So Long, and Thanks for All the Fish by Douglas Adams
The original HITCHHIKER’S GUIDE TO THE GALAXY trilogy was a massive hit, so it was inevitable that fans would clamor for more. The first three books ranged across the galaxy, a wild ride carried along by an eclectic cast of comic characters, held together by Douglas Adams’ droll British humor, intergalactic hitchhiker Ford Prefect, former President of the Galaxy Zaphod Beeblebrox, Marvin the Paranoid Robot, and grounded by befuddled English everyman Arthur Dent. This time Adams has taken a very different tack, returning to that little backwater planet in an unfashionable corner of the Milky Way known as… Earth.
But hang on, you say, Earth was destroyed by the Vogons at the opening of the first book to make way for an intergalactic bypass, right? Well, when Arthur Dent finds himself mysteriously back on a seemingly intact earth, eight years have passed in his travels across the galaxy but only a short time has elapsed on Earth. He sets out to restore his previous life, and in the process meets a woman named Fenchurch, who seems to be the only person who has been deeply affected by the “mass hysteria” that involved giant yellow spaceships in the sky. The more Arthur gets to know her, the more he discovers they are linked in mysterious ways.
After the frenetic pace of the first three books, So Long, and Thanks for All the Fish slows things down, insists that readers have a seat on the couch, puts the kettle on for some tea, and plays some pleasant music on the stereo. It’s not a surprise that this book is not part of the original BBC radio or stage productions — those required a non-stop series of humorous skits to keep things going, much like Monty Python’s Flying Circus. This time it’s clear that Adams wanted to explore the character of Arthur Dent in greater depth, and to actually let him fall in love, no less.
There are, of course, plenty of wacky plot elements as Arthur and Fenchurch attempt to put together the pieces of the puzzle to discover what happened to the Earth and why all the dolphins have disappeared, leaving only the cryptic message that is the book’s title. The romance between the two leads is surprisingly sweet and charming. They fly off to California to interview a deranged dolphin researcher named John Watson who might be able to shed some light on things, if they can believe him.
The story ends with a series of humorous revelations about what really happened, and we learn God’s Final Message to His Creation. We even get a final cameo from Marvin the Paranoid Robot. It’s all very pleasant, harmless, and has many classic lines of sardonic humor. What the story is missing, finally, is any real purpose or urgency. Why was the book written in the first place? It all feels like an encore that Adams felt obligated to produce to let fans have one last hurrah with his beloved characters (and to get his literary agent out of his house). But the story is so toned down from the manic intensity of the previous volumes that it just feels underwhelming in comparison. Half the book hardly counts as science fiction at all, more of a domestic comedy of manners.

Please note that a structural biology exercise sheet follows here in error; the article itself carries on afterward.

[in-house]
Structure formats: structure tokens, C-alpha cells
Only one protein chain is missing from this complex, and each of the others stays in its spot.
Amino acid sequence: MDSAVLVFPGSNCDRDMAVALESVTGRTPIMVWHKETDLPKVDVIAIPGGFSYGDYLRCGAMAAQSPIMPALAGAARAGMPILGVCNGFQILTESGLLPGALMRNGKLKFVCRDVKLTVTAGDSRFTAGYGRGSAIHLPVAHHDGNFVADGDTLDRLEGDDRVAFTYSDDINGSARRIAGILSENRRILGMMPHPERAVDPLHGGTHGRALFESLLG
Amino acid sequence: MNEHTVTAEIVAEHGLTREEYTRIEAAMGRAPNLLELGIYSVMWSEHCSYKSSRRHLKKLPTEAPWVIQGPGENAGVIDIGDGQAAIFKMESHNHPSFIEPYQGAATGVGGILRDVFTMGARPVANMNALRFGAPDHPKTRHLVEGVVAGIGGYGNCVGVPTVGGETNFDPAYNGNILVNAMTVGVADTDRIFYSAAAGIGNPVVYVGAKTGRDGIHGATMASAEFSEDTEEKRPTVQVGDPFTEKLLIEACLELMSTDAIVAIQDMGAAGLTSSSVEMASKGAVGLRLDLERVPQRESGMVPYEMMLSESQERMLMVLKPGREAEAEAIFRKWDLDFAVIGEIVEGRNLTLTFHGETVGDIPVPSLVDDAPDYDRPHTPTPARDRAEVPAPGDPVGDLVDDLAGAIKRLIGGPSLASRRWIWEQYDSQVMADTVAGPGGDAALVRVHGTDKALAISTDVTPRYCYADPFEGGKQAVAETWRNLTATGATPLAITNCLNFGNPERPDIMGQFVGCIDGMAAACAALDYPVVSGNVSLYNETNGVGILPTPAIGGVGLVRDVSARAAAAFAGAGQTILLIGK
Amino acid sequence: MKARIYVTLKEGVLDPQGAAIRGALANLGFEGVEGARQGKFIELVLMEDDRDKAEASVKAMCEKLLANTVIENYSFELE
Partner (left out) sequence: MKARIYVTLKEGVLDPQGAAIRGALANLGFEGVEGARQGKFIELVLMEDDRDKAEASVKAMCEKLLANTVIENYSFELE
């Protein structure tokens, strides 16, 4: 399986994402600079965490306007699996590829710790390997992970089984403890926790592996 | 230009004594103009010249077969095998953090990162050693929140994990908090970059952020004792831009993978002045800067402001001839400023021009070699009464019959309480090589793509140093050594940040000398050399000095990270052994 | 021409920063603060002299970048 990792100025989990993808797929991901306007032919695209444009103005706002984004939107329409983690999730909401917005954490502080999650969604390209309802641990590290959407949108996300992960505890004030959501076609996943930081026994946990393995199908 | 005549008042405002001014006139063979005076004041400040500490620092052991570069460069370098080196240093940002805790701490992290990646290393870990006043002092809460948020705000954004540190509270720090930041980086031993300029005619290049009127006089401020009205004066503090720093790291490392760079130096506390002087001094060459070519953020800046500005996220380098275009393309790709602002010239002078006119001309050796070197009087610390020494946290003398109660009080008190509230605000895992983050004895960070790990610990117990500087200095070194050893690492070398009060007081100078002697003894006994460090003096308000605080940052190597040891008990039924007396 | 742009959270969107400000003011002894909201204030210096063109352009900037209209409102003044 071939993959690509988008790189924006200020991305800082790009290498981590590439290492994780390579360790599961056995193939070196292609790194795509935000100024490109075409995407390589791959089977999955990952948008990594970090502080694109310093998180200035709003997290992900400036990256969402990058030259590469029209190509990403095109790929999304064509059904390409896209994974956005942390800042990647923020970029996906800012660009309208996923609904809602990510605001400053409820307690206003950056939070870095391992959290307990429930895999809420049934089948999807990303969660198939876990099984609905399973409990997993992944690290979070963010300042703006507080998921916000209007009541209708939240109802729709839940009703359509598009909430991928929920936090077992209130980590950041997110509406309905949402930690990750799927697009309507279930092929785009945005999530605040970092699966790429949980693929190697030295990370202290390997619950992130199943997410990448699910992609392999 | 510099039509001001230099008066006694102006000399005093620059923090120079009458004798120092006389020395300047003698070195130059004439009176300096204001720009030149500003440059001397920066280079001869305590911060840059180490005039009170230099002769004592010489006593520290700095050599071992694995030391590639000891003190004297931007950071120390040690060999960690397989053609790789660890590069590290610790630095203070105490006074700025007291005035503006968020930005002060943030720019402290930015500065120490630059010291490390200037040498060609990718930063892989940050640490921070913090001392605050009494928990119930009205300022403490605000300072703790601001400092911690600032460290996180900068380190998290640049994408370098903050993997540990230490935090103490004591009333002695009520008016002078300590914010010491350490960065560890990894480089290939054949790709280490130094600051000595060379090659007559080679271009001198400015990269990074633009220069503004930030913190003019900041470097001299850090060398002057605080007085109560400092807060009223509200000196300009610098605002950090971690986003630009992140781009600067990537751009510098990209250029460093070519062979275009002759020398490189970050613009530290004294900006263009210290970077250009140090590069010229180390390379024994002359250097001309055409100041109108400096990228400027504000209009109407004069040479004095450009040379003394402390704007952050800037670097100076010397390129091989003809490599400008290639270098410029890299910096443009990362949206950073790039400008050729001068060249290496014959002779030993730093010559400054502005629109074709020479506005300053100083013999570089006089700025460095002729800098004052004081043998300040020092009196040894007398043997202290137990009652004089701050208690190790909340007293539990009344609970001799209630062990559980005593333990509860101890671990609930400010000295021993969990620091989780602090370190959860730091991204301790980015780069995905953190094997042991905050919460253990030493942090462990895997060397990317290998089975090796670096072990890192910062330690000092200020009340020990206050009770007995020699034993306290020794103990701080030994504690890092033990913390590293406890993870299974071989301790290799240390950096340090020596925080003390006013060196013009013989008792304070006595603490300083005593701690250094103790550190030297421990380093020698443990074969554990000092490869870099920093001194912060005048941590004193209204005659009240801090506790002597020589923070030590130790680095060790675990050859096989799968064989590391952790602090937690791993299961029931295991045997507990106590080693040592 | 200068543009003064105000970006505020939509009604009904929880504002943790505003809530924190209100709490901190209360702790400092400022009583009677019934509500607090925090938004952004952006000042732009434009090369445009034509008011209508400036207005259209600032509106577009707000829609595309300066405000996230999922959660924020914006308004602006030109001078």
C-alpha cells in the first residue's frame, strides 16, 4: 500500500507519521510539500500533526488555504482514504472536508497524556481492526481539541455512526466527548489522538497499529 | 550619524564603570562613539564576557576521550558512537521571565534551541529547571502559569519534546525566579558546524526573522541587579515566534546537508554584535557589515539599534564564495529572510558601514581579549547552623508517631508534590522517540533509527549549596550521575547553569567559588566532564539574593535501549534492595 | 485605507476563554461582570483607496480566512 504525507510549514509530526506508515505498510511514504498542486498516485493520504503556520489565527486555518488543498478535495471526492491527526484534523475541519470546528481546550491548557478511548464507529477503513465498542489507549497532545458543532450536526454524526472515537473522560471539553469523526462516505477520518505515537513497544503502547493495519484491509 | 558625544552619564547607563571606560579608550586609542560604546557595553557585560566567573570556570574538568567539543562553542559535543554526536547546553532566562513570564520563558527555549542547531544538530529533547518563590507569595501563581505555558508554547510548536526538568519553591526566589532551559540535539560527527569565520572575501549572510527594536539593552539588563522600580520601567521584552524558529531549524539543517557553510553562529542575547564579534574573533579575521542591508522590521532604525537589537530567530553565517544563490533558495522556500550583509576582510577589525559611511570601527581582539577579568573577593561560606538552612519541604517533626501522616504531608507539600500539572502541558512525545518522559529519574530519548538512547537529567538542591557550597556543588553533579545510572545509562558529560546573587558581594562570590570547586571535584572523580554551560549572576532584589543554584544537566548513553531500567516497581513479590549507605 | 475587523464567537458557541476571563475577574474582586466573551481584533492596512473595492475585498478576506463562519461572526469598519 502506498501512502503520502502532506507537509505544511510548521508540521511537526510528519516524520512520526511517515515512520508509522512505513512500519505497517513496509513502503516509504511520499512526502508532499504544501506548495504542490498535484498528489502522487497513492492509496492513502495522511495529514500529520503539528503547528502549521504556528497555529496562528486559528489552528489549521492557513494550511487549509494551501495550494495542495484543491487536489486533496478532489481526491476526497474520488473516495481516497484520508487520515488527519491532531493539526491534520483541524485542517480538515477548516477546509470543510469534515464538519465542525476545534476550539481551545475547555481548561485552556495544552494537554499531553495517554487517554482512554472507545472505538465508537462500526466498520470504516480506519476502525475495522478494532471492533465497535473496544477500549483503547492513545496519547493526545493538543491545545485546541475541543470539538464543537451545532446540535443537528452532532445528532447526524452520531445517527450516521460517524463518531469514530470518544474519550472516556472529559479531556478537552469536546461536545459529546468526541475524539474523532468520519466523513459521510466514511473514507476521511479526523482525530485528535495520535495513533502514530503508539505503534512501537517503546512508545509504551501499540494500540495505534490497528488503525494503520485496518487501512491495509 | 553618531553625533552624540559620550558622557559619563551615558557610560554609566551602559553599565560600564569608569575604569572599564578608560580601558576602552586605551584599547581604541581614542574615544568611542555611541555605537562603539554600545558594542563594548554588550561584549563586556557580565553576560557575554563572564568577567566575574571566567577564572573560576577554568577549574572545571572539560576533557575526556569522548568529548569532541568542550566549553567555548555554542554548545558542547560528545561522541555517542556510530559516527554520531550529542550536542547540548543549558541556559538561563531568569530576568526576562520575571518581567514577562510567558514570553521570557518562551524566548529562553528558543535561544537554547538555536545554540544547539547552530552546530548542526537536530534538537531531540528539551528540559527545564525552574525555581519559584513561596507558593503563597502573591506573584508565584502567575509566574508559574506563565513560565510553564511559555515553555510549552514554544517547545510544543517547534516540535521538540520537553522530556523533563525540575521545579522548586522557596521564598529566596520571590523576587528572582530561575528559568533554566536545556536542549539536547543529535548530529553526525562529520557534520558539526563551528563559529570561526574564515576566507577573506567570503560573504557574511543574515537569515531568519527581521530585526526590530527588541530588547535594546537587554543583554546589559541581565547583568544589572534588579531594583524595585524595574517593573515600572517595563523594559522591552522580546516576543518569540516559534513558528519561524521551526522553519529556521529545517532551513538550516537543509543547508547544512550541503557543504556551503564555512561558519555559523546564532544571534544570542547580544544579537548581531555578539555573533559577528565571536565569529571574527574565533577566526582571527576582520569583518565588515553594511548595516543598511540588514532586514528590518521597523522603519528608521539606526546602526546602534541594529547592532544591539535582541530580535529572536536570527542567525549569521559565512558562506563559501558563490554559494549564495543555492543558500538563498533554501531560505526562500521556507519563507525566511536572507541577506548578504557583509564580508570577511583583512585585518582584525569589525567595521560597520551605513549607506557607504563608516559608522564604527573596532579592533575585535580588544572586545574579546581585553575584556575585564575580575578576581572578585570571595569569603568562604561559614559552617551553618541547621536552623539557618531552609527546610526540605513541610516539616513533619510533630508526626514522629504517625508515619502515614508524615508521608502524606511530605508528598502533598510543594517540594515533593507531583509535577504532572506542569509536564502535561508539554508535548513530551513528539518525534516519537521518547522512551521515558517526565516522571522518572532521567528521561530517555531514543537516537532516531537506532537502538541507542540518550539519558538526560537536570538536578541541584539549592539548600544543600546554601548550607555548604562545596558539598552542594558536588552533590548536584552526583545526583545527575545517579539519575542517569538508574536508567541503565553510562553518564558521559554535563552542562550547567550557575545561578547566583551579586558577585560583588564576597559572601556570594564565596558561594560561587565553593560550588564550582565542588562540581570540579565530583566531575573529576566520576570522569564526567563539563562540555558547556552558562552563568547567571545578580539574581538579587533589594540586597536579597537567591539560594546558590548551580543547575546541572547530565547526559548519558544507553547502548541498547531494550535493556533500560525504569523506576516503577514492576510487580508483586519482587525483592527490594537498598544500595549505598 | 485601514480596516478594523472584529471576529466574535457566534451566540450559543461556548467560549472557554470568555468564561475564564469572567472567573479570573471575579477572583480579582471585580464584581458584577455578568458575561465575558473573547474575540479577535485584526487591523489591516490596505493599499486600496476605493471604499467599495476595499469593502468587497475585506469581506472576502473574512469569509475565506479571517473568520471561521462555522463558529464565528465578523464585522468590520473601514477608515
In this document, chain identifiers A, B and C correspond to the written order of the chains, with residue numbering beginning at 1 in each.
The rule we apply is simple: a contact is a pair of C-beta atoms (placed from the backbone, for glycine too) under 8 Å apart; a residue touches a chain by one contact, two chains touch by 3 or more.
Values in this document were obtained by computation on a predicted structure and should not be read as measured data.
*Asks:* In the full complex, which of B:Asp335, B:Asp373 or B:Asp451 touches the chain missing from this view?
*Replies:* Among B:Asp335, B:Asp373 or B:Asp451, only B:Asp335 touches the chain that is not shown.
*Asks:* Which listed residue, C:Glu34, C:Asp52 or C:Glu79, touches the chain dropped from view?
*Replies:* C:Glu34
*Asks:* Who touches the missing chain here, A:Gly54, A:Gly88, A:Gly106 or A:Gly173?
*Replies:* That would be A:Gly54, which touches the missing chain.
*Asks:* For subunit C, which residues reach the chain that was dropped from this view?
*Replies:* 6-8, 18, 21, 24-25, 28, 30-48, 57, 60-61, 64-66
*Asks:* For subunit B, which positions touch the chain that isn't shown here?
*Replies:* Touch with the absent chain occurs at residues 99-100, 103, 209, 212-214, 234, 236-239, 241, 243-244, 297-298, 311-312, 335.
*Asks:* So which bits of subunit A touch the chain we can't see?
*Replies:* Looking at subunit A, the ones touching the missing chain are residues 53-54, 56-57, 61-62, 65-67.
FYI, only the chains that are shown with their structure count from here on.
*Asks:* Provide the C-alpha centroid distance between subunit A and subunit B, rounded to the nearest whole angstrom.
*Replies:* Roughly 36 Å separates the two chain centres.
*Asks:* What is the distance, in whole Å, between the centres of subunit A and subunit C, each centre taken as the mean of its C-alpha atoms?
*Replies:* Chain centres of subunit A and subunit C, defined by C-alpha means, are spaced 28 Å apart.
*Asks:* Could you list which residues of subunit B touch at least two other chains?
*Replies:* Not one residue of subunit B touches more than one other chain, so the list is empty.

Martin Freeman does an excellent job with Arthur Dent — Freeman was brilliant as Tim Canterbury in the UK version of The Office, so he’s perfectly suited to capture the essence of Arthur Dent, a downtrodden but essentially decent chap who just wants to muddle through life and enjoy a cup of tea on occasion. Sadly, there weren’t very many other standout characters like the previous books, as this book is firmly centered on Dent. The book did have some nice lines, though Marvin’s final curtain call didn’t produce any truly memorable quotes. So I’ll leave you with this instead:
From another direction he felt the sensation of being a sheep startled by a flying saucer, but it was virtually indistinguishable from the feeling of being a sheep startled by anything else it ever encountered, for they were creatures who learned very little on their journey through life, and would be startled to see the sun rising in the morning, and astonished by all the green stuff in the fields.
Incidentally, there are two more Hitchhiker’s books after this: Mostly Harmless, which was reluctantly written by Adams to keep his agent, publisher and fans at bay, and the widely disparaged And Another Thing…, which was written by Eoin Colfer, and which Adams had trouble preventing since he had already passed away and his spirit was comfortably retired on Betelguese with Fenchurch, Ford, Zaphod, Trillian, and of course, Marvin. He could not be reached for comment.
While I thought the interactions between Arthur and Fenchurch were really sweet (and well-written), I agree with you completely: the book doesn’t read like Adams wanted to write it, and it doesn’t contribute to the series in a meaningful way.
Jana, did you read Mostly Harmless or And Another Thing…? I generally avoid later books in most series, especially when the author seems reluctant or (worse) when a different author takes over. Maybe Brandon Sanderson is the only exception for finishing up Jordan’s Wheel of Time?
I did read both of them, and they were underwhelming.
I read this years ago, but it left no impression.